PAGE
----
September 2, 2015

Granular Level User and Role Management Using ASP.NET Identity

Managing users and roles in the ASP.NET identity framework is a tricky affair, but it can be made easier with the right step-by-step guide. Below is an example of a small use case to illustrate the effectiveness of the ASP.NET Identity framework.

This example will follow ABC Times, a fictitious newspaper that is developing their digital platform in MVC 5 and will implement an identity framework using ASP.NET Identity 2.2.

The key requirements for identity management are that the system should provide authentication of the users and that the system should provide a very flexible way to authorize users.

For the implementation of ASP.NET Identity management, we will refer to this blog on roles-based authorization. However, we will be adding flexibility around authorization in our example.

To build the case, we will assume the following roles:

  • Writer: create, update, read, and delete articles
  • Reviewer: read and approve articles
  • Publisher: publish articles

On the MVC controller side, we have a single ArticleController with the following action methods:

  • Create
  • Read
  • Update
  • Delete
  • Review
  • Approve
  • Publish

After following the first four parts of the blog, the initial implementation of role based security in ASP.NET Identity should be completed.

However, there are a few flexibility concerns that arise:

  • Concern 1: What if a new role is added into the system and it needs to have access to all of the action methods?
  • Concern 2: What if the system needs to prevent a particular writer from deleting an article?

The first concern can be managed by breaking down the roles into a more granular level, so instead of broad category of roles we can define granular level roles as:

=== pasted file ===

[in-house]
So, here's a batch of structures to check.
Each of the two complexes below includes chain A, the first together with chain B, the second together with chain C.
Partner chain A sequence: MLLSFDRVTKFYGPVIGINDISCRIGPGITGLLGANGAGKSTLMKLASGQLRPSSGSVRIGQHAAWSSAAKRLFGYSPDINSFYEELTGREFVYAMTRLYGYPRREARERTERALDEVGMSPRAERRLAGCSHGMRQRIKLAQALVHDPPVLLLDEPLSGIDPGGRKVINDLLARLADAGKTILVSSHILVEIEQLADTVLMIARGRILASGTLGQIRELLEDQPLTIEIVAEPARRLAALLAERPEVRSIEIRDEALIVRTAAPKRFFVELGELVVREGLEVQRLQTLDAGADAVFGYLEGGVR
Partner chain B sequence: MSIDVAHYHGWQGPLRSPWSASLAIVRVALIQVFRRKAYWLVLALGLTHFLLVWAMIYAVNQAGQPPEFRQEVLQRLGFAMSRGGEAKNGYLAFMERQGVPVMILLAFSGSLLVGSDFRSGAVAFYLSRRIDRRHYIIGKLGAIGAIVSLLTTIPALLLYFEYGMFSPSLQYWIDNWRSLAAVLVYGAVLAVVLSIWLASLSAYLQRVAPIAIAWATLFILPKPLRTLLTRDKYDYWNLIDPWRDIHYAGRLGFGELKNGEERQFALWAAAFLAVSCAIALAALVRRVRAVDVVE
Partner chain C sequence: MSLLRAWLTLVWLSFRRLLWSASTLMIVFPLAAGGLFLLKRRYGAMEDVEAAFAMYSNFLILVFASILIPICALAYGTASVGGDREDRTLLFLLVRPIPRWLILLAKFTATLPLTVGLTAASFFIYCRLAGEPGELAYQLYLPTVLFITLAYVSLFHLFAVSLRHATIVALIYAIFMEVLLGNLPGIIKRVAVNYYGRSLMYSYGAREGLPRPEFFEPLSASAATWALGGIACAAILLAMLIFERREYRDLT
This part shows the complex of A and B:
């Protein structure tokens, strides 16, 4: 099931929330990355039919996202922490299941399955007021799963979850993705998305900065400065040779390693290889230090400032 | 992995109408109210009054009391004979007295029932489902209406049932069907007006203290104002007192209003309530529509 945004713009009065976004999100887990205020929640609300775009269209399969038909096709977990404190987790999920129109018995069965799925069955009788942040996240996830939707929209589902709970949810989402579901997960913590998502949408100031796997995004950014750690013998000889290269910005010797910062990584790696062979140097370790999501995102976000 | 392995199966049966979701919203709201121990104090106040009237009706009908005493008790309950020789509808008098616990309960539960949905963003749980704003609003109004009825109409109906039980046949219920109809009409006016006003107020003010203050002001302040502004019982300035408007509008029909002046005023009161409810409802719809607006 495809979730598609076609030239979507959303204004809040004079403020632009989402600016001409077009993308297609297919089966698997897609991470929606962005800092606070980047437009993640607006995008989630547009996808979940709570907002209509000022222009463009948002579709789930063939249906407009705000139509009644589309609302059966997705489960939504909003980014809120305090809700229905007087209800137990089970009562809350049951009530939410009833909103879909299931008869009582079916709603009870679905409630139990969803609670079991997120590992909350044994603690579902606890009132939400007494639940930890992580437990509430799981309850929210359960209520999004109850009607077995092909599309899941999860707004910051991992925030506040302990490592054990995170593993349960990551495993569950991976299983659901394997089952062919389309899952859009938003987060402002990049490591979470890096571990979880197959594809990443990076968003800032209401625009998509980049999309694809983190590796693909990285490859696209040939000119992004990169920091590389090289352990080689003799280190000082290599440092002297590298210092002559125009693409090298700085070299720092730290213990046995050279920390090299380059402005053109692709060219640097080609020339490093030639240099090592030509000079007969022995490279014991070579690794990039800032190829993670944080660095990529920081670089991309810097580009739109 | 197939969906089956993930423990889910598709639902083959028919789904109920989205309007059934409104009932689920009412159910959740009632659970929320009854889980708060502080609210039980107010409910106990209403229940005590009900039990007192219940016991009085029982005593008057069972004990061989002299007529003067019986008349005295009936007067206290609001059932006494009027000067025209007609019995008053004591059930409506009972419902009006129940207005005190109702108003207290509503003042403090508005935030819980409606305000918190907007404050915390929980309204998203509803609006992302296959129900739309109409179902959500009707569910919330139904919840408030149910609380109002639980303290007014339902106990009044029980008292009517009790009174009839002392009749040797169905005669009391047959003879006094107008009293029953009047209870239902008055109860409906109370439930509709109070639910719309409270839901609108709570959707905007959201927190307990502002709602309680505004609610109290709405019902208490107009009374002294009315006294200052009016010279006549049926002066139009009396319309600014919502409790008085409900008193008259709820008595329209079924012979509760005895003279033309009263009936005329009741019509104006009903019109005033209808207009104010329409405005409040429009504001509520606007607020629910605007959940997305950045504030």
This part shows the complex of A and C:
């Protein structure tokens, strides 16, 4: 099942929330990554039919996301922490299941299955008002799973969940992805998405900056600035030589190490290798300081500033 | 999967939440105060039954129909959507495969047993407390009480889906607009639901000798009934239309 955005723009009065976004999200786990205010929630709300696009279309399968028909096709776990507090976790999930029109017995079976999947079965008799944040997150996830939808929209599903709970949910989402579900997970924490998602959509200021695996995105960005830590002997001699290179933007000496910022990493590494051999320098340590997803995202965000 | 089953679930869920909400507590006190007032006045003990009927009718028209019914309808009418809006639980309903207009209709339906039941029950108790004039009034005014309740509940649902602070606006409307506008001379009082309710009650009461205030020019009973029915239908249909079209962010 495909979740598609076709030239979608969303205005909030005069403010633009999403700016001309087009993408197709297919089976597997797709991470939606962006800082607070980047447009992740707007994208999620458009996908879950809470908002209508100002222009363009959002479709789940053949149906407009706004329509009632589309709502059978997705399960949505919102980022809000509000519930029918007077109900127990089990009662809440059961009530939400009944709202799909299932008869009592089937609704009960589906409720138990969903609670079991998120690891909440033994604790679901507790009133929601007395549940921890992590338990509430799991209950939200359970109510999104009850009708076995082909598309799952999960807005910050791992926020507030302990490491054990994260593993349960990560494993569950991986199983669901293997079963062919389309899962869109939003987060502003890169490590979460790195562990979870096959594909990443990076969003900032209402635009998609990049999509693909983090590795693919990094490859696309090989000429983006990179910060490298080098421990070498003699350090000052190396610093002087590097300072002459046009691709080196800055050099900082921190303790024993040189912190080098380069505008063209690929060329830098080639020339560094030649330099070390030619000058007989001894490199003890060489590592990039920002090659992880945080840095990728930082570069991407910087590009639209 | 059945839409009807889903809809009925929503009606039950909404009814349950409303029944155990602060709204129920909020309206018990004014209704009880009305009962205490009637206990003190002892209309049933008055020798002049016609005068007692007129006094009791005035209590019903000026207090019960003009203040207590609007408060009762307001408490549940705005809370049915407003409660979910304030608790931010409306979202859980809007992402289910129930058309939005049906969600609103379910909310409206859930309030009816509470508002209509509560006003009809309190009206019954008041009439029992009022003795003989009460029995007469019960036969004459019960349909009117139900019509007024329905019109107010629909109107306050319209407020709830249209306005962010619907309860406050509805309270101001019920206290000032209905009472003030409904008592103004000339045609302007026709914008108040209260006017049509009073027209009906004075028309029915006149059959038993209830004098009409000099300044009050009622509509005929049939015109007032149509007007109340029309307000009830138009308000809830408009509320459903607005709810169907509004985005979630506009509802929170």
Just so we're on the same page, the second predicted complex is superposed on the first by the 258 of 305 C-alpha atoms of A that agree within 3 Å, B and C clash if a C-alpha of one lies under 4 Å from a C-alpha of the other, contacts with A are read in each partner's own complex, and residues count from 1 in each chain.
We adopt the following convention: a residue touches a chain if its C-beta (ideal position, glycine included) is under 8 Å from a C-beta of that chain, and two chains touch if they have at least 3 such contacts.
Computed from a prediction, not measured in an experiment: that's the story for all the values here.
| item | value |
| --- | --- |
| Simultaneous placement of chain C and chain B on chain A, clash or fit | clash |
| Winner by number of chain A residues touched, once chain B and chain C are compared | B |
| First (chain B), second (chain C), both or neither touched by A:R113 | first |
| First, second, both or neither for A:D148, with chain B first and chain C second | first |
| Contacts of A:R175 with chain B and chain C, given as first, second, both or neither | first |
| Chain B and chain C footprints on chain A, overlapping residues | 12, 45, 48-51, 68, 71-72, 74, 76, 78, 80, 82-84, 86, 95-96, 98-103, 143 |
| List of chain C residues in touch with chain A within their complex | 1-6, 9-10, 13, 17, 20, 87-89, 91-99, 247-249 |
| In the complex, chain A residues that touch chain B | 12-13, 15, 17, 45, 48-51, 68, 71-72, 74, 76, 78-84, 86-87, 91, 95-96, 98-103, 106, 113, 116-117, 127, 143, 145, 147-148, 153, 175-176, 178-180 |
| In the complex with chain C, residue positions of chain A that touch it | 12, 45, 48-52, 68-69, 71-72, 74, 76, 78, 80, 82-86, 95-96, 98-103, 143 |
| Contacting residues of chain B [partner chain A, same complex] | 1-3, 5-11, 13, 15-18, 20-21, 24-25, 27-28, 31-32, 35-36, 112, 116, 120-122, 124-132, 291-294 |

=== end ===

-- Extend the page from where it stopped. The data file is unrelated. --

• ArticleCreator
  • ArticleReader
  • ArticleModifier
  • ArticleRemover
  • ArticleReviewer
  • ArticleApprover
  • ArticlePublisher

This allows users to be assigned access to an almost individual level of methods. However, this configuration would be extremely difficult for an administrator to manage because there would be so many users in so many roles. This difficulty brings about a third concern:

  • Concern 3: How can the user in charge of managing the association of granular roles to individual users actually manage it?

To solve this third concern, we must introduce GroupRoles. The earlier broader roles will now collate these granular roles and users will be attached to these GroupRoles instead of the broader Roles.

Below is a mock-up of the system-wide access:

Role Writer Reviewer Publisher
ArticleCreator Allowed
ArticleReader Allowed Allowed
ArticleModifier Allowed
ArticleRemover Allowed
ArticleReviewer Allowed
ArticleApprover Allowed
ArticlePublisher Allowed

Another example of a good implementation of these processes is available here.

To help with the second concern—how to restrict a user who belongs to the write GroupRole from removing articles—we'll reference the fifth part of the blog from above and handle the flexibility concerns through Claims.

Claims can be applied on top of GroupRoles to an individual user. So if we wanted to prevent the writer John from deleting articles, we would create a claim in the system with the name “DenyArticleRemover” and attach it to him.

While creating the ClaimSet, we can also reset the ArticleRemover role to “deny” if an individual user has a “DenyArticleRemover” Claim as well. This step will happen during the creation of a claimset for an individual user. This will then prevent John from removing articles, but not any of the other users.

The system-wide access will then look like this:

Role John (within the Group "Writer") with the claim ClaimType:"DenyArticleRemover" ClaimValue:"True" Other Users within the Group "Writer"
ArticleCreator Allowed Allowed
ArticleReader Allowed Allowed
ArticleModifier Allowed Allowed
ArticleRemover Not Allowed Allowed


Tweaking the ASP.NET Identity Framework in these ways has many advantages for creating a flexible identity system.

Addressing our first concern brought about these benefits:

  • A new role can be easily added into the system
  • Roles can be grouped under a GroupRole
  • When a new user is added and assigned to a GroupRole, all the roles in the group will be automatically attached to that user, meaning that the admin does not have to make code changes every time a user needs new access

Addressing the second concern then allowed admin to add a new claim directly to a user, meaning that they could explicitly remove a user’s particular function by introducing “Deny Claim.”

Addressing the third concern created a model in which admin could manage GroupRoles without having to manage individual granular roles for each individual user, thus cutting down on the number of formulas to keep track of.